Our annual ESG report gives a good picture of how we define the impact of the investments we are making: looking at, for example, the environmental impact of our homes, biodiversity, our rent levels, and our investment in community activities. The voice of our residents is critical to our decision-making and features heavily at board level. We have two board members who are Peabody residents and we also have a Resident Experience committee. This is a sub-committee of the board looking at how we can make a difference for the people who live in our homes and benefit from our services, and to make sure we can improve and respond to resident feedback.

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What social or economic issues keep you awake at night, and what can businesses do to address them?

The issue of homelessness is an especially worrying one for me, and it’s central to our purpose at Peabody. With one in 23 children in London homeless and living in often substandard temporary accommodation, the country desperately needs to build more affordable homes. Housebuilding has halved in the last 50 years and home ownership is increasingly unaffordable to most people. Without the investment of not-for-profit housing associations in the last decade, funded mostly by borrowing against their balance sheet, the problem would be even worse. But there is no question that despite our efforts and delivery there is a growing housing emergency.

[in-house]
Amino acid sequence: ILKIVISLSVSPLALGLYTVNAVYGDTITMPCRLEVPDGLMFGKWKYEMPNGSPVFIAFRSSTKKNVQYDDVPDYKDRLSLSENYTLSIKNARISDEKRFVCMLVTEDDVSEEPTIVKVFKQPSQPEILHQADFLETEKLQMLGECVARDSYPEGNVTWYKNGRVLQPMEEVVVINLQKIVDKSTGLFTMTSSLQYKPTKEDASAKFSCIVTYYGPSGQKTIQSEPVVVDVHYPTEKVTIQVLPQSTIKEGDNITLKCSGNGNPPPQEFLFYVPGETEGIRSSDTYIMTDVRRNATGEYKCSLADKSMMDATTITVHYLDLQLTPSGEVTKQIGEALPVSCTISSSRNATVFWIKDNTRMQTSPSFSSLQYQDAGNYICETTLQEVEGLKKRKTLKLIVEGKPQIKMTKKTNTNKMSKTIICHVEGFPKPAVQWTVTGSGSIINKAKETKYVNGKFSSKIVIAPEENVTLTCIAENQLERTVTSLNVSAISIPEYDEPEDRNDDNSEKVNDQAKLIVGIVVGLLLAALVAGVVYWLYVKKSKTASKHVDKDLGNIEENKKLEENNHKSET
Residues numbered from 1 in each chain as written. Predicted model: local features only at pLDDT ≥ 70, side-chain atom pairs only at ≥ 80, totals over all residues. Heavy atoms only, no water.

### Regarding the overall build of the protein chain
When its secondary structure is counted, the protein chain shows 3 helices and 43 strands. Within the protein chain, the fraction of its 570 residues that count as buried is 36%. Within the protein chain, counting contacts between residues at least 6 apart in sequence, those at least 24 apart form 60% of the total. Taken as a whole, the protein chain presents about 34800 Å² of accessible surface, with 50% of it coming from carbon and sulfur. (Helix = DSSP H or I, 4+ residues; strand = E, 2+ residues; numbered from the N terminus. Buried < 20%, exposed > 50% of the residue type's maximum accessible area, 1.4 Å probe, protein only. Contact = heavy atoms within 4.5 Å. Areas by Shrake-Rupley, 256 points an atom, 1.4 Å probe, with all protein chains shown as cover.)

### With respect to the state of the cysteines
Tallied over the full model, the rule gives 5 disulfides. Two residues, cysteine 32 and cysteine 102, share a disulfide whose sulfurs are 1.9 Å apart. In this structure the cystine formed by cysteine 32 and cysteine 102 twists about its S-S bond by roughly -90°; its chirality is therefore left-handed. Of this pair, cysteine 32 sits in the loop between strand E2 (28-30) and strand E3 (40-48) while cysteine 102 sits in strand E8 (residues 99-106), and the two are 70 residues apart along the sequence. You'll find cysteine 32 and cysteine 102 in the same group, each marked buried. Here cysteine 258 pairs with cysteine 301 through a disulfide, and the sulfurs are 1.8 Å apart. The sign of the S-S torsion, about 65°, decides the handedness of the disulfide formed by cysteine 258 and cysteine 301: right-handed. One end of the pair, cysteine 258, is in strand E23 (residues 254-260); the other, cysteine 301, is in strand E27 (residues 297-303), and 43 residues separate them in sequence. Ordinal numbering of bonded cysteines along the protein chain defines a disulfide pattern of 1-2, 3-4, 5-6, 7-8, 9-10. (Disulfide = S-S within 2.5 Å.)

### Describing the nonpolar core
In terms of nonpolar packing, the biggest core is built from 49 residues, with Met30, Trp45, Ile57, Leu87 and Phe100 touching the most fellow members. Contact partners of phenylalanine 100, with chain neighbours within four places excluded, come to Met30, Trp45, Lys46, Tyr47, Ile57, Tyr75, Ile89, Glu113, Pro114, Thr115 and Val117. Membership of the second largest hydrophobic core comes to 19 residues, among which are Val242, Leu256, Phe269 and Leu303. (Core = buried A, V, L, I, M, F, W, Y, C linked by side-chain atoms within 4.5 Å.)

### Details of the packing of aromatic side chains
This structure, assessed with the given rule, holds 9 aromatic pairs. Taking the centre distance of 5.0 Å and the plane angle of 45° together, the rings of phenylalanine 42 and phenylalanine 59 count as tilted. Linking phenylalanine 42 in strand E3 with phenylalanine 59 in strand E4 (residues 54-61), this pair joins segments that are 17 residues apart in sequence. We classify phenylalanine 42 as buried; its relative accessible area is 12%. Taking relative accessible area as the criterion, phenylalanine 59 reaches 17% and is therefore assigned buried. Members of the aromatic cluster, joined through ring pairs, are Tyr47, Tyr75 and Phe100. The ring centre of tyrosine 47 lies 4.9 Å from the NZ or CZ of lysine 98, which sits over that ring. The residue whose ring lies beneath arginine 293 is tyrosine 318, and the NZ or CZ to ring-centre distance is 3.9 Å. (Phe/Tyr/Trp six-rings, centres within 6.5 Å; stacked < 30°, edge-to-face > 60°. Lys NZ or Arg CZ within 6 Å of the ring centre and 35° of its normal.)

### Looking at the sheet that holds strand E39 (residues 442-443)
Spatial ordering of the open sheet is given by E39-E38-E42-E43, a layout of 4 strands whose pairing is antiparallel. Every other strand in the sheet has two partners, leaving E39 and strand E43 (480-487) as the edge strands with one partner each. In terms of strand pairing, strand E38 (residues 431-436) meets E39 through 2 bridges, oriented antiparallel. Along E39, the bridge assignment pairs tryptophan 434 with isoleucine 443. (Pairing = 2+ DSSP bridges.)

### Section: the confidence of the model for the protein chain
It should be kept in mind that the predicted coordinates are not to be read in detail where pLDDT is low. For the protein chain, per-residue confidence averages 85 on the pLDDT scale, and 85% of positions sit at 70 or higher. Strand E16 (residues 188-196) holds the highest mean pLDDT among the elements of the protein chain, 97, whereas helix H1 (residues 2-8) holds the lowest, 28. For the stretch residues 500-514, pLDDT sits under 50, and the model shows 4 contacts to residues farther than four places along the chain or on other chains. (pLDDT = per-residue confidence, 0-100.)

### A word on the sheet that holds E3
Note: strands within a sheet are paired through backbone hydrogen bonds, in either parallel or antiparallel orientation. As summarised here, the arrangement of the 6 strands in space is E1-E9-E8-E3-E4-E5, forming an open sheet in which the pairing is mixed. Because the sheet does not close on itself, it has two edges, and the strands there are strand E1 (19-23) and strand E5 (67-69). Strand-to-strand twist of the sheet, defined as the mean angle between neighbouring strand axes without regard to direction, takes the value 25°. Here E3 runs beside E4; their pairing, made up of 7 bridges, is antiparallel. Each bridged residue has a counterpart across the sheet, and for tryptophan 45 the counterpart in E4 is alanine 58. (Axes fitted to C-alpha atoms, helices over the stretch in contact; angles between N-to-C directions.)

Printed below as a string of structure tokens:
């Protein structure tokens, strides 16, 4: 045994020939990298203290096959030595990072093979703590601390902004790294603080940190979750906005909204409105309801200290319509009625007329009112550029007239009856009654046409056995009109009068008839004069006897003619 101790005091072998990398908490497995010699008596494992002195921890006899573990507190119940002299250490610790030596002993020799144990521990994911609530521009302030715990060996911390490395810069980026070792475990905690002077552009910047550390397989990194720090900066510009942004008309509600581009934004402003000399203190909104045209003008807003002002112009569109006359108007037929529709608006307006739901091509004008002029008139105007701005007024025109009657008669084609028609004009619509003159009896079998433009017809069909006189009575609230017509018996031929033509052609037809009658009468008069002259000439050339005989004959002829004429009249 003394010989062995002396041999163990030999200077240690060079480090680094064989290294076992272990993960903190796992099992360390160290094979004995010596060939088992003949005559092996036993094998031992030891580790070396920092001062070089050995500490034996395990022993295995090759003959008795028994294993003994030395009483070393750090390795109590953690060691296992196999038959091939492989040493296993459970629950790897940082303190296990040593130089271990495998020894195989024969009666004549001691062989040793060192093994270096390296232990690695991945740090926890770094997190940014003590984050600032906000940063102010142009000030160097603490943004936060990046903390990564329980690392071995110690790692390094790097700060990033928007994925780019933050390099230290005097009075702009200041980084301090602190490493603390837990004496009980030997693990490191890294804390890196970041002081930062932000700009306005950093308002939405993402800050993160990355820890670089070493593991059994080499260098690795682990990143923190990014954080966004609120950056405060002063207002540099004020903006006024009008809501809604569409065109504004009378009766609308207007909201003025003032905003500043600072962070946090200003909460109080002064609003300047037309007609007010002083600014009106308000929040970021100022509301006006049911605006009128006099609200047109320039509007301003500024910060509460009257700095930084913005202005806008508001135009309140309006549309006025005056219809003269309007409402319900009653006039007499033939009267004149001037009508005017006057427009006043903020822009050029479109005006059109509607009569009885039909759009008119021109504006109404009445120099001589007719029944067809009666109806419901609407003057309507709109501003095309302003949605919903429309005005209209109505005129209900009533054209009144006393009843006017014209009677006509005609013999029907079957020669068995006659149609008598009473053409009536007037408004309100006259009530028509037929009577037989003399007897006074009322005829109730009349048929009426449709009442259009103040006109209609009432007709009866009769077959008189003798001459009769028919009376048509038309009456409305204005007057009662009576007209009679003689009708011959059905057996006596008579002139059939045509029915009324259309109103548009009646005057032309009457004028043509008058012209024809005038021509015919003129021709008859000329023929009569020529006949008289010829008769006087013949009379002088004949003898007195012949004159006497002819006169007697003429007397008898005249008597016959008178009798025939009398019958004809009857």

There is also the issue of overcrowding. There are over 740,000 families living in overcrowded homes that are unsuitable for their needs – this is from research by the National Housing Federation. To address this and solve the wider issues, the sector has to work hard to maintain and enhance its capacity for delivering affordable housing.

This is incredibly tricky to do, as we manage competing demands for investment. Those demands come from lots of directions. For example, since the Grenfell tragedy we’ve invested £225m in improving the safety of our homes. We also spent £356m maintaining and improving people’s homes last year and plan to spend £2bn more over the next five years in our existing homes. We’re also investing significant sums to improve the energy efficiency of our homes too, as this helps us to play our part in addressing the climate crisis whilst also reducing costs for our residents in terms of their energy bills.